The Nutcracker Suite, Op. 71a (1892)
Pyotr Ilyich Tchaikovsky (1840-1893)
Tchaikovsky’s ballet, The Nutcracker, was not always the Christmas standard it is today. When it premiered in 1892, critics were not kind in their reviews. However, the composer knew his music was worthy so he created two suites from the ballet. The first suite, with its charming character dances, proved to be very popular in the concert hall. Regrettably, he did not live to see his original ballet become the beloved Christmas tradition it is today.
The ballet is in two acts; the first scene is at a Christmas party, where Clara receives a nutcracker as her present. One of the other children breaks it, and after everyone goes to bed, Clara slips downstairs to get her toy. The nutcracker comes to life and turns into a handsome prince, who takes her to the “Kingdom of Sweets.” The second half of the ballet does not have a story; the character dances represent “candies” from different countries, who perform for her.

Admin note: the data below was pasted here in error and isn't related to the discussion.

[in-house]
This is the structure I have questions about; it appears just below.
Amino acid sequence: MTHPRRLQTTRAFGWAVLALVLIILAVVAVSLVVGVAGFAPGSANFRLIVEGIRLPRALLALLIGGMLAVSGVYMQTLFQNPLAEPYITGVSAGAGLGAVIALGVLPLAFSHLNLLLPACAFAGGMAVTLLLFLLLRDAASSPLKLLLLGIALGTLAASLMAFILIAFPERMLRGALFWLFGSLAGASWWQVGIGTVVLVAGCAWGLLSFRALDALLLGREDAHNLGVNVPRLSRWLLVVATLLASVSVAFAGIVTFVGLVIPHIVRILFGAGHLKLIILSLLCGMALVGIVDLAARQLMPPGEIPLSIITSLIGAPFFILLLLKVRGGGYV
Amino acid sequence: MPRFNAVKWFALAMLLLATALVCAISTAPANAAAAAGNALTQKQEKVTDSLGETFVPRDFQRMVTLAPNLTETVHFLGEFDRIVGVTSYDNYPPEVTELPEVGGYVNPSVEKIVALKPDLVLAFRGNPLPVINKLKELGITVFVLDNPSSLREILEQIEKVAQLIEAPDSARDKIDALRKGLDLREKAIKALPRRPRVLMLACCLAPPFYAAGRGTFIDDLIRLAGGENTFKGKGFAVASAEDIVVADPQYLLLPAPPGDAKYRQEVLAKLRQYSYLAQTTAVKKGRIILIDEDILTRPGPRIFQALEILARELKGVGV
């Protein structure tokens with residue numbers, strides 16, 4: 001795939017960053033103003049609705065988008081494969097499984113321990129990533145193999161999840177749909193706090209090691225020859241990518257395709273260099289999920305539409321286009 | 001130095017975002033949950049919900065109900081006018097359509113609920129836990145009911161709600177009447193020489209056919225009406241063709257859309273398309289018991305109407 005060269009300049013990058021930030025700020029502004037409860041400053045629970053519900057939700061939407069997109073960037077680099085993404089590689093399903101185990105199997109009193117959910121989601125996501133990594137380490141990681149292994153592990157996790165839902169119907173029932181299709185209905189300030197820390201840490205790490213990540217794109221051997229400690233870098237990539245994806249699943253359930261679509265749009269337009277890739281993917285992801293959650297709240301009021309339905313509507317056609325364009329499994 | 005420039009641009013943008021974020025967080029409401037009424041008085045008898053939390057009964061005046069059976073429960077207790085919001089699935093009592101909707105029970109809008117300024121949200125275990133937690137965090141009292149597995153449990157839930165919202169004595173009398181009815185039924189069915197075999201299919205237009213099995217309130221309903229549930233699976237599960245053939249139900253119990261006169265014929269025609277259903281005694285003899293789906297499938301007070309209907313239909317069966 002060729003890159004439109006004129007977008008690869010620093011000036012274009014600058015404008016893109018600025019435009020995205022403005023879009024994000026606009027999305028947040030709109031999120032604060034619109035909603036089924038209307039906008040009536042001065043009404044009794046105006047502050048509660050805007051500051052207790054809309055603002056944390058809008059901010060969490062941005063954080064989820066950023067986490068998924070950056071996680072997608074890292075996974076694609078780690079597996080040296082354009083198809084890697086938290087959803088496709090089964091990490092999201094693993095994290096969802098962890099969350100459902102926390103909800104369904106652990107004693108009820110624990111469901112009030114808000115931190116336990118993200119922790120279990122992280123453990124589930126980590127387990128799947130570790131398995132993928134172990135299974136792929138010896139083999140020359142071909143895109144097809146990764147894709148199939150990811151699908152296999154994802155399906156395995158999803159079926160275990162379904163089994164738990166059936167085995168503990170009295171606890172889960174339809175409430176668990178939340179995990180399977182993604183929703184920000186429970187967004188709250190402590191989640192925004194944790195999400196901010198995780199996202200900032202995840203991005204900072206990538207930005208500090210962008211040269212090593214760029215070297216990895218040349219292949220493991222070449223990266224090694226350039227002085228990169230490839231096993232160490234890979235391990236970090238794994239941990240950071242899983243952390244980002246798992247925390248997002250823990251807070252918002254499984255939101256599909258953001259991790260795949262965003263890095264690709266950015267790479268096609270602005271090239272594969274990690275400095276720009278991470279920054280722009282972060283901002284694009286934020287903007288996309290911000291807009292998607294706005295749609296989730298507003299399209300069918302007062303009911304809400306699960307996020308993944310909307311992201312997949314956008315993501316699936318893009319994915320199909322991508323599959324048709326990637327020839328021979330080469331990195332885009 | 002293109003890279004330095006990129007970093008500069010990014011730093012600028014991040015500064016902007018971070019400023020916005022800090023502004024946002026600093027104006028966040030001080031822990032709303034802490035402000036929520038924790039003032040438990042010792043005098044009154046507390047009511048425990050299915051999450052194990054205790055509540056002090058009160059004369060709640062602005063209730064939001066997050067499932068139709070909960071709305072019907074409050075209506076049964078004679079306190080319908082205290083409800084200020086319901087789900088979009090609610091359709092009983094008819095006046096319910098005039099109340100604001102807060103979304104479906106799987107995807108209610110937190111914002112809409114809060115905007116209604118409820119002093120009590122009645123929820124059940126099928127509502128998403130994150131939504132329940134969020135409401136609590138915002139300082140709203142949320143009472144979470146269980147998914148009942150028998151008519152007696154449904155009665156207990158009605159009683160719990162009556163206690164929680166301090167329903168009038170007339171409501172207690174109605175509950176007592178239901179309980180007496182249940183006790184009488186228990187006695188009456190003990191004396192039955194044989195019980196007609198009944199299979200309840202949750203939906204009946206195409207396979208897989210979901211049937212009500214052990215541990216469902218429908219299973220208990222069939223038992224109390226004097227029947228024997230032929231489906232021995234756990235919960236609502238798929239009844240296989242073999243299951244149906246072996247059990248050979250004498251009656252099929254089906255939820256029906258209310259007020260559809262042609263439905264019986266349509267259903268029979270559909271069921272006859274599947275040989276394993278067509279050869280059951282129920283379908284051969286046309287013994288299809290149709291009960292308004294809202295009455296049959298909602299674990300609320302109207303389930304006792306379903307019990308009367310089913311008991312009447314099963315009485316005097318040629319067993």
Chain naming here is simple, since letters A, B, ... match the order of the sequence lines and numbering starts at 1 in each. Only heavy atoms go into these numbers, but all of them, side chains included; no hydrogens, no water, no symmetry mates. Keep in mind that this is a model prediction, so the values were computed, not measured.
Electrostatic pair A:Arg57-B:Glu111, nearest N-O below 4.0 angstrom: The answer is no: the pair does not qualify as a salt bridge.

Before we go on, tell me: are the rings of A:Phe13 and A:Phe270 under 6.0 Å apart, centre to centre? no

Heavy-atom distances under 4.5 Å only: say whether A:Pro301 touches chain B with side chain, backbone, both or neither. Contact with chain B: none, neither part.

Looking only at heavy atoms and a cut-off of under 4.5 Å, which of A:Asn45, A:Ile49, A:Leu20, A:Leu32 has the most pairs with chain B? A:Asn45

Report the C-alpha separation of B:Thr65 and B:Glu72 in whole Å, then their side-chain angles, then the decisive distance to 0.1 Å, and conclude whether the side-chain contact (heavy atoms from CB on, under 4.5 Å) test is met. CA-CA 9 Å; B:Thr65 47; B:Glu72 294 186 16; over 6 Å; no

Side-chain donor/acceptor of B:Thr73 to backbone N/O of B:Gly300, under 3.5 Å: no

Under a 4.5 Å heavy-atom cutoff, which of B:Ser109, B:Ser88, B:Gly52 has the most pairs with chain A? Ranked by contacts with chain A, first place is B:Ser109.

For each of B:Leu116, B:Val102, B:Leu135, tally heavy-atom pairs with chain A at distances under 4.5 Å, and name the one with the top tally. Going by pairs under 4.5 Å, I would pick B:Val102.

What makes this music so enduring is the masterful way Tchaikovsky uses the colors of the instruments to portray the confections. “Chocolate” is given a Spanish dance with a brilliant solo for the trumpet. The “Arabian Dance” is Arabic coffee, although the oriental-sounding music is actually based on a Georgian lullaby. The “Chinese Dance” represents tea, with an acrobatic flute and piccolo and pizzicato strings.
The “Trepak” is a traditional Russian dance that might be the single most-used piece of music in today’s Christmas movies. Its festive tune perfectly captures the excitement and chaotic rushing that is a part of Christmas preparation. The “Dance of the Mirlitons” features the flute section with English horn responses, and a mirliton is both a reed flute and a tube-shaped pastry.
The celeste, which is a cross between a small piano and a glockenspiel, portrays the enchanting Queen of the Sweets, the “Sugar Plum Fairy.” This suite ends with Tchaikovsky’s most famous waltz, the Waltz of the Flowers, with its beautiful harp solo and grand symphonic style. It is a sweet feast of music!
—notes compiled by Betty Taylor Cox